I’m not here to discuss what the Russian government does or does not do, save for what we would and wouldn’t tolerate in our own back yard, and the blatant double standards, warmed over Cold War propaganda and ridiculousness that passes for serious analysis.

    While millions of Americans obviously have strong feelings in support of the State of Israel (for better or worse, and that’s a whole other discussion), the group of individuals trying to line their own pockets and push various Eastern European grievances as official U.S. policy (see Lev Dobriansky’s Captive Nations resolution, which purposely excluded Russia from the nations under the Communist yoke) in Washington clearly meet the definition of a small special interest. The vast majority of Americans could care less about Russia but they are easily influenced by the propaganda of this small hardcore anti-Russia lobby after fifty-sixty years of Cold War. The fact that the Wall Street Journal always has nice things to say about the People’s Republic of China but becomes Pravda on the Hudson (to go along with Pravda on the Potomac when it comes to the Washington Post, which also can’t always be bothered to fact check or make sure that their letters to the editor come from actual people using their real names rather than professional trolls) when it comes to Russia is just depressing.

    Comment by Charles Ganske — May 30, 2009 @ 8:37 am

  9. Never mind that it is due to OPEC member’s collaborative efforts in reducing output that puts a floor under falling oil prices which Russia needed desperately and without gratitude then cheats on.

    This isn’t about liking or disliking OPEC and its members, the point is that Russia acts like a rogue state in every setting. They have zero credibility in a pretty important organization when your biggest revenues are from oil and gas.

    But, then, the Sunni oil producing Arabs hate their guts for the mischief they playing with Iran in the region.

    Comment by penny — May 30, 2009 @ 9:30 am

  10. Charles:

    About whom in that post did I put in a good word?

    But more importantly: if you are going to make a point, make it honestly, rather than grossly mischaracterizing what I said.

    Moreover, stop projecting opinions and views on me. If you can quote something–accurately–fine. I will respond. But your hypothetical projections (e.g., “if the Russians were faithfully etc.”) are just that–the product of your imagination, and attempts to attribute to me views which I have in many cases not expressed. Your (fallacious) reasoning appears to be that everybody who you disagree with all agree on everything.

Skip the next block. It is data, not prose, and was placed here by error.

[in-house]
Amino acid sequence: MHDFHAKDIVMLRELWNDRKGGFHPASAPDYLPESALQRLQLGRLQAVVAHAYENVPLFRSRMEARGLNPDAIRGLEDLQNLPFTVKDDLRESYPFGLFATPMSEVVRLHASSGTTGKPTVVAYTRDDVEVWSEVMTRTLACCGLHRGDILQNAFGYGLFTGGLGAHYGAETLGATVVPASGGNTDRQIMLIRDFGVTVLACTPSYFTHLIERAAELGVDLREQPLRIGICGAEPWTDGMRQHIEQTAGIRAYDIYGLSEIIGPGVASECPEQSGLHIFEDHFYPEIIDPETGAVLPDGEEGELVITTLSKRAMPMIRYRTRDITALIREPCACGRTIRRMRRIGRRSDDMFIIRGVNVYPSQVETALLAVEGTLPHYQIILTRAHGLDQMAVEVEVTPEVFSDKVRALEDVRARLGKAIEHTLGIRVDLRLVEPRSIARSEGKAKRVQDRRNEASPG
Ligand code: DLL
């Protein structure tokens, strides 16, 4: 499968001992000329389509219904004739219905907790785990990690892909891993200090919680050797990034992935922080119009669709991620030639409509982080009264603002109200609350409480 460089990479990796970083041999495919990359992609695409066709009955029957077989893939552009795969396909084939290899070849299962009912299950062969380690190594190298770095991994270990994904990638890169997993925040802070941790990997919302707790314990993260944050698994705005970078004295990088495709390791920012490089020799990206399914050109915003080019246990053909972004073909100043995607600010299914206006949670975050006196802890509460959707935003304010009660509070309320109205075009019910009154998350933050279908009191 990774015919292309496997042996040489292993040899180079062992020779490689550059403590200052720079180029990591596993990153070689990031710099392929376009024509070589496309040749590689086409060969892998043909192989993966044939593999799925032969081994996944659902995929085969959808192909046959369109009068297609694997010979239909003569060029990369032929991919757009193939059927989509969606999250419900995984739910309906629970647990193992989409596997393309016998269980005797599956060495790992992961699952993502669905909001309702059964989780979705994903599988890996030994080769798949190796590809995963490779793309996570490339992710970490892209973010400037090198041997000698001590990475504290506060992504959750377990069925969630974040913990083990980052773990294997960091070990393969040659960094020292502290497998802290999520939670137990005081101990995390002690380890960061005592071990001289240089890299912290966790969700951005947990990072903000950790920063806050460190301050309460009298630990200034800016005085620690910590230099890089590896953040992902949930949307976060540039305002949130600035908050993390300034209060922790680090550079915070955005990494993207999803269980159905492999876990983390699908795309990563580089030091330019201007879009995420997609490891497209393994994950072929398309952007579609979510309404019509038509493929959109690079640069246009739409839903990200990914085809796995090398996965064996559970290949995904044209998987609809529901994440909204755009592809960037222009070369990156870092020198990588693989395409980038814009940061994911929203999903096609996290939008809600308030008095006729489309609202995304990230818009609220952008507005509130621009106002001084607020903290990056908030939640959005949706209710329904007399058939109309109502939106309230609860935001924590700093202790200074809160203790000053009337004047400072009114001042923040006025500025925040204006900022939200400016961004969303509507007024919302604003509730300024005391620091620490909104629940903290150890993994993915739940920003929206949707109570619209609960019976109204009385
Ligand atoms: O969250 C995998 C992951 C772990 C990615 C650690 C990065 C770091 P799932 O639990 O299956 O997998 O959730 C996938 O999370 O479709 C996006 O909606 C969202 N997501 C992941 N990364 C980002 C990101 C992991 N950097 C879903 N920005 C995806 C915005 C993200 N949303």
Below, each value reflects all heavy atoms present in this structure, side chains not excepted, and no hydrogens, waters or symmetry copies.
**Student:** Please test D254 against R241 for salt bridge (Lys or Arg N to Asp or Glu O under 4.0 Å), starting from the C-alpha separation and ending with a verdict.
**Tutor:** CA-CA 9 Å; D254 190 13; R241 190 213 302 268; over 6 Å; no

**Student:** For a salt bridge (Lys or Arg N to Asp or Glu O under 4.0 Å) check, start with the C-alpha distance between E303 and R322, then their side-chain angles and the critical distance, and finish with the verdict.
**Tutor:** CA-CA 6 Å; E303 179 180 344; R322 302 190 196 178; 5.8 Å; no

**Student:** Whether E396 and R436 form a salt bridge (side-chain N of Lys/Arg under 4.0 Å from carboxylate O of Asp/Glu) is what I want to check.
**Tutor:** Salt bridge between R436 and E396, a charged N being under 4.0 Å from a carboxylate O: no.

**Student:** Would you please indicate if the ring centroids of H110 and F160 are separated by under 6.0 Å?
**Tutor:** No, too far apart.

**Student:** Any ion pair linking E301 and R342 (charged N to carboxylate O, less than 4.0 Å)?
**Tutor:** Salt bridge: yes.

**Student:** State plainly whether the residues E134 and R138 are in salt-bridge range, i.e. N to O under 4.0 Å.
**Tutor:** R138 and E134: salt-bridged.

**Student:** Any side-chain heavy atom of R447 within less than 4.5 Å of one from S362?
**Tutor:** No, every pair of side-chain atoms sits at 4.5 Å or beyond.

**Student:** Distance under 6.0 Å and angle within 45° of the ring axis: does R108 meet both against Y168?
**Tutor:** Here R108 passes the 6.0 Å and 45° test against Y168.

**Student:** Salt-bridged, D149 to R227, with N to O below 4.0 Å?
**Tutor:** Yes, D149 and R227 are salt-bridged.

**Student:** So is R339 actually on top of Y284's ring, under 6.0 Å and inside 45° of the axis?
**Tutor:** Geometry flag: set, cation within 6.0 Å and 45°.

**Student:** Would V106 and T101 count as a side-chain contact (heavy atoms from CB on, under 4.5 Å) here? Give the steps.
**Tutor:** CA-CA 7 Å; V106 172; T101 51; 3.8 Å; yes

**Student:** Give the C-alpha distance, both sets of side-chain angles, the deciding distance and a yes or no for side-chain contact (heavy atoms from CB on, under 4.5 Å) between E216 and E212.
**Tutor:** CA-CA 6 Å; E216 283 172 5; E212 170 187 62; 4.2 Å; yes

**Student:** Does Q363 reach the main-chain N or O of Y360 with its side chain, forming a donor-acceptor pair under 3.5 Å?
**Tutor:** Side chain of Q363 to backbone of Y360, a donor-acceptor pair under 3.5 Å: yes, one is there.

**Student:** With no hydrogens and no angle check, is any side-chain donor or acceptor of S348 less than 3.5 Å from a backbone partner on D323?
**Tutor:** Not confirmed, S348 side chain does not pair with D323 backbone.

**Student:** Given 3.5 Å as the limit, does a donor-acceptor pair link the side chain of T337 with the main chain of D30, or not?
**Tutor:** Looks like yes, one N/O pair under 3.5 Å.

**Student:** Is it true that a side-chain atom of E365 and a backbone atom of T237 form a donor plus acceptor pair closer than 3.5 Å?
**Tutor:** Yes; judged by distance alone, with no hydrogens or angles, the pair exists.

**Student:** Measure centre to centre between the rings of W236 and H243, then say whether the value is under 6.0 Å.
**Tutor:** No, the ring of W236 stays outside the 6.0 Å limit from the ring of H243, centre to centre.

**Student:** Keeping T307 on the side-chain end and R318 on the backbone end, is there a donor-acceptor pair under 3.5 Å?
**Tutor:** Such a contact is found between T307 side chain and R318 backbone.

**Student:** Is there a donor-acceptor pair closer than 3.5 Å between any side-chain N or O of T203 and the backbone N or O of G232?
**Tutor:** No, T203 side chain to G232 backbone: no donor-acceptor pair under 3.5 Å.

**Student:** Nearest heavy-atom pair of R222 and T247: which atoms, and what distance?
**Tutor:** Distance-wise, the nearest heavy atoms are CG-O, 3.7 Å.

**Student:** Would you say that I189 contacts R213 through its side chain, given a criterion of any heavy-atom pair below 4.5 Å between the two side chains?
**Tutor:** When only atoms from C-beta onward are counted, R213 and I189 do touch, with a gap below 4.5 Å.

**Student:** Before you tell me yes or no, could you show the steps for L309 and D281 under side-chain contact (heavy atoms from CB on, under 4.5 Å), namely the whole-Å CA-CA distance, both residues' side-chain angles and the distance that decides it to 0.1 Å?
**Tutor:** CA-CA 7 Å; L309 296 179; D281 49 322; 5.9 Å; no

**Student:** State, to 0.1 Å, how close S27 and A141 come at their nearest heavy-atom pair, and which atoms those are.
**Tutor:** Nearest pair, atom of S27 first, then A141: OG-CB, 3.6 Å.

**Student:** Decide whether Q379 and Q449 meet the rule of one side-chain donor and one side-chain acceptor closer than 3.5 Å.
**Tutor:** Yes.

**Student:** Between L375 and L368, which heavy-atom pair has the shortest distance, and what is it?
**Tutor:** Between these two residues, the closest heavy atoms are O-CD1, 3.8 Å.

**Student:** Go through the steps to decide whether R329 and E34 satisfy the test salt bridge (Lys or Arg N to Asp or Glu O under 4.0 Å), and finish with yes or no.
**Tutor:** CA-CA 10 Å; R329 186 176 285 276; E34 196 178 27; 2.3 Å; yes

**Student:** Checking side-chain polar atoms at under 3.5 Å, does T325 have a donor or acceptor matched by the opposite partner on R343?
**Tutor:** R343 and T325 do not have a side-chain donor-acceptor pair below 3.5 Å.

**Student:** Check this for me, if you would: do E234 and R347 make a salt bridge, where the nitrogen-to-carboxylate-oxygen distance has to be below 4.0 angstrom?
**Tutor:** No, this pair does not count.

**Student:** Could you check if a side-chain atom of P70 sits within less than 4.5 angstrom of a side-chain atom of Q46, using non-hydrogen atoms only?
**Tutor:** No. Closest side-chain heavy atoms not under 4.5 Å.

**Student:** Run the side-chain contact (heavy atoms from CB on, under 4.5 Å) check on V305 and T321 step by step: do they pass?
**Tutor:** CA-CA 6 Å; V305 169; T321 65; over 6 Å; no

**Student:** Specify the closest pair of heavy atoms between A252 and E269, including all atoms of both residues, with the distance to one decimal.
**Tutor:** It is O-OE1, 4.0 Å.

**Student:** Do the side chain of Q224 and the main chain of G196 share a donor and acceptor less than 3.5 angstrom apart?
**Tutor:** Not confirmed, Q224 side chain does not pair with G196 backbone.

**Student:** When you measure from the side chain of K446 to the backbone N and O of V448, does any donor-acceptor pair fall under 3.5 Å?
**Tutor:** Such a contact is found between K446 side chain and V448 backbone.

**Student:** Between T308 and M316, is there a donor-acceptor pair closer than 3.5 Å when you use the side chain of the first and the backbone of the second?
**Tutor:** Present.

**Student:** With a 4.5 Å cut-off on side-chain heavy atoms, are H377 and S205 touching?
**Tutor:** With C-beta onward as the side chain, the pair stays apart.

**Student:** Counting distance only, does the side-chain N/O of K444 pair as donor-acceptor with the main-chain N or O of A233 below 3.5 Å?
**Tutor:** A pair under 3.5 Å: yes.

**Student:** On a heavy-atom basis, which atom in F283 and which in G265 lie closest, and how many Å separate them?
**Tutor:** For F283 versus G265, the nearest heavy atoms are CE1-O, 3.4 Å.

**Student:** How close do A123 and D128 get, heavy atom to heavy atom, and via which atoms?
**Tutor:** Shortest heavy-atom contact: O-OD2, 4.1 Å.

Stick to the point. Stick to the posts. And do so carefully and honestly. And completely inverting my statements is neither careful nor honest.

    The ProfessorComment by The Professor — May 30, 2009 @ 11:04 am

  11. please be reminded that

    – azerbaijan and kazakhstan formally agreed to the opec-initiated supply cuts

    – russia said at that meeting that production in russia may fall, but did not commit to anything. russian critics were quick to say that production will fall because of “underinvestment” and poor management from the state companies. since production, is now due to rise does that mean that the state companies invested and managed correctly? hmm

    – russian oil export duties set to rise june 1st. prices are being affected that a way also

    if u were to ask me, russia and opec are playing good cop bad cop, but it is hilarious that pro-market pro-capitalism people like professor and penny are so blatantly anti-russian that they try to skew everything against russia, even if it means siding with a cartel.

    Comment by lisa — May 30, 2009 @ 11:16 am

  12. Lisa, you bet I’m anti-Russian as defined by me as loathing all things political about Russia during their Communist and present Putin era. Russian politics have had and still do have murderous consequences and massive human rights abuses that only an ethically challenged fool would deny. I don’t like people that use, abuse, physically harm or restrict the lives of others, I don’t like sociopaths.